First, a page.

September 11th, 2008
(By Matt Waymeyer)
I want to recommend to you a fantastic book that I just read on the subject of dispensationalism. But first a little personal history: Back in 1994 I was attending a Presbyterian church in Orlando, taking a Greek class at Reformed Theological Seminary, and beginning to appreciate all things reformed. At the time, I was also thinking seriously about going to seminary full time. I had narrowed it down to either Westminster Theological Seminary or The Master’s Seminary, and I was having a difficult time deciding between the two.
The main problem is that I had never studied the issue of covenant theology vs. dispensationalism. To get me started, one of my covenantal friends suggested two books, one to help me understand covenant theology and the other to help me understand dispensationalism. The first book was O. Palmer Robertson’s The Christ of the Covenants, which is widely regarded as a classic presentation of covenant theology. A very good recommendation. The other book, unfortunately, was John Gerstner’s Wrongly Dividing the Word of Truth, a diatribe against dispensationalism by a covenant theologian. Not such a good recommendation. [For an excellent review of Gerstner’s book, see Dr. Richard Mayhue’s article in The Master’s Seminary Journal.]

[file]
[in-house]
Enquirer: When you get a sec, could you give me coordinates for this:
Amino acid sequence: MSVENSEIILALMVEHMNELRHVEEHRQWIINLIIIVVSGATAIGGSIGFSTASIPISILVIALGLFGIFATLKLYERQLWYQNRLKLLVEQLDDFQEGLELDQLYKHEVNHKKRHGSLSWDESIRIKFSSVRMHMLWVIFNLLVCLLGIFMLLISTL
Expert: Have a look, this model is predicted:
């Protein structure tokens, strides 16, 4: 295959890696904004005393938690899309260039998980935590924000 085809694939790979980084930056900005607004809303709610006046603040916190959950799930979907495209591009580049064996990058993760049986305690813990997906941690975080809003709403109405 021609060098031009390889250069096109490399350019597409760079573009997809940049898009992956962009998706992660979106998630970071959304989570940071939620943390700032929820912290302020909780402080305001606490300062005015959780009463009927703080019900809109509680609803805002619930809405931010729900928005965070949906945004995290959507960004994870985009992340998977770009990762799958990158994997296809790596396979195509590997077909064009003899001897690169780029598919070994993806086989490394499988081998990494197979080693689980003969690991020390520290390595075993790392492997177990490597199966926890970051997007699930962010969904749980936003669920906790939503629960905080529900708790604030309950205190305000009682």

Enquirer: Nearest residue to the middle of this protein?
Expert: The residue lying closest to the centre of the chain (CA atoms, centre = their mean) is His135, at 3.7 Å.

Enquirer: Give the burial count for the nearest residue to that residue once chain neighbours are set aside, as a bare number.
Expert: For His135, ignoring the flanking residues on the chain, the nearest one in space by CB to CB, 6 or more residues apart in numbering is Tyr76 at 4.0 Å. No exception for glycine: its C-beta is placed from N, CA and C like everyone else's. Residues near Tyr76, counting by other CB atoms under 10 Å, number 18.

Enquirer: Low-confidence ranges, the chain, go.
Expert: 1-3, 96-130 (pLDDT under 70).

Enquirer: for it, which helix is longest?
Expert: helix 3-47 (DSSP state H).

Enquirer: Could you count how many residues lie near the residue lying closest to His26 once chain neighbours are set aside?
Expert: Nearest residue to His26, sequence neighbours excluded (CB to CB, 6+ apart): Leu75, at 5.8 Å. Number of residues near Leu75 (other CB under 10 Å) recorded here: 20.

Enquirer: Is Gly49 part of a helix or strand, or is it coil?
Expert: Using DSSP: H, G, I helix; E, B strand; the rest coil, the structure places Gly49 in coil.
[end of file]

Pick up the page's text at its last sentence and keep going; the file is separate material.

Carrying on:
As I began reading Gerstner, I realized pretty quickly that the dispensationalism he was critiquing was certainly not the kind of dispensationalism that TMS president John MacArthur advocated. Gerstner seemed to equate dispensationalism with Arminianism and easy-believism, and since MacArthur was the one who had grounded me in a biblical understanding of the sovereignty of God and the Lordship of Christ, I was pretty sure this book wasn’t going to help me decide where to go to seminary. In fact, Gerstner’s book did more to confuse my understanding of dispensationalism than to clarify it. Eventually I found books and articles that were more helpful, but the process was a long and difficult one, and Gerstner was definitely an ill-advised place for me to start my theological journey.
Why am I telling you this? Because I just finished a book I wish I could have read 14 years ago when I was first studying this issue. That book is Dispensationalism: Essential Beliefs and Common Myths by Dr. Michael J. Vlach (Theological Studies Press, 2008), and it is unsurpassed in terms of clearly setting forth the core elements of dispensational theology. In this book, Vlach, an Assistant Professor of Theology at The Master’s Seminary, brings a rare level of simplicity and clarity to a very difficult and complex subject. If you are seeking to understand dispensationalism, this is absolutely the place to begin.
The format of the book is simple enough. In the introduction, Vlach describes how common misrepresentations of dispensationalism have created the need to define clearly the essential beliefs of this theological system. As Vlach explains, his goal in writing was to meet this need:
This book is not an attempt to delve deeply into every issue related to dispensationalism. Nor is it written to iron out in detail all the points of difference between variations within dispensationalism . . . . Instead, I am looking to give the reader a basic introduction to the foundational beliefs of dispensational theology so a better understanding of this theology can occur (p. 4).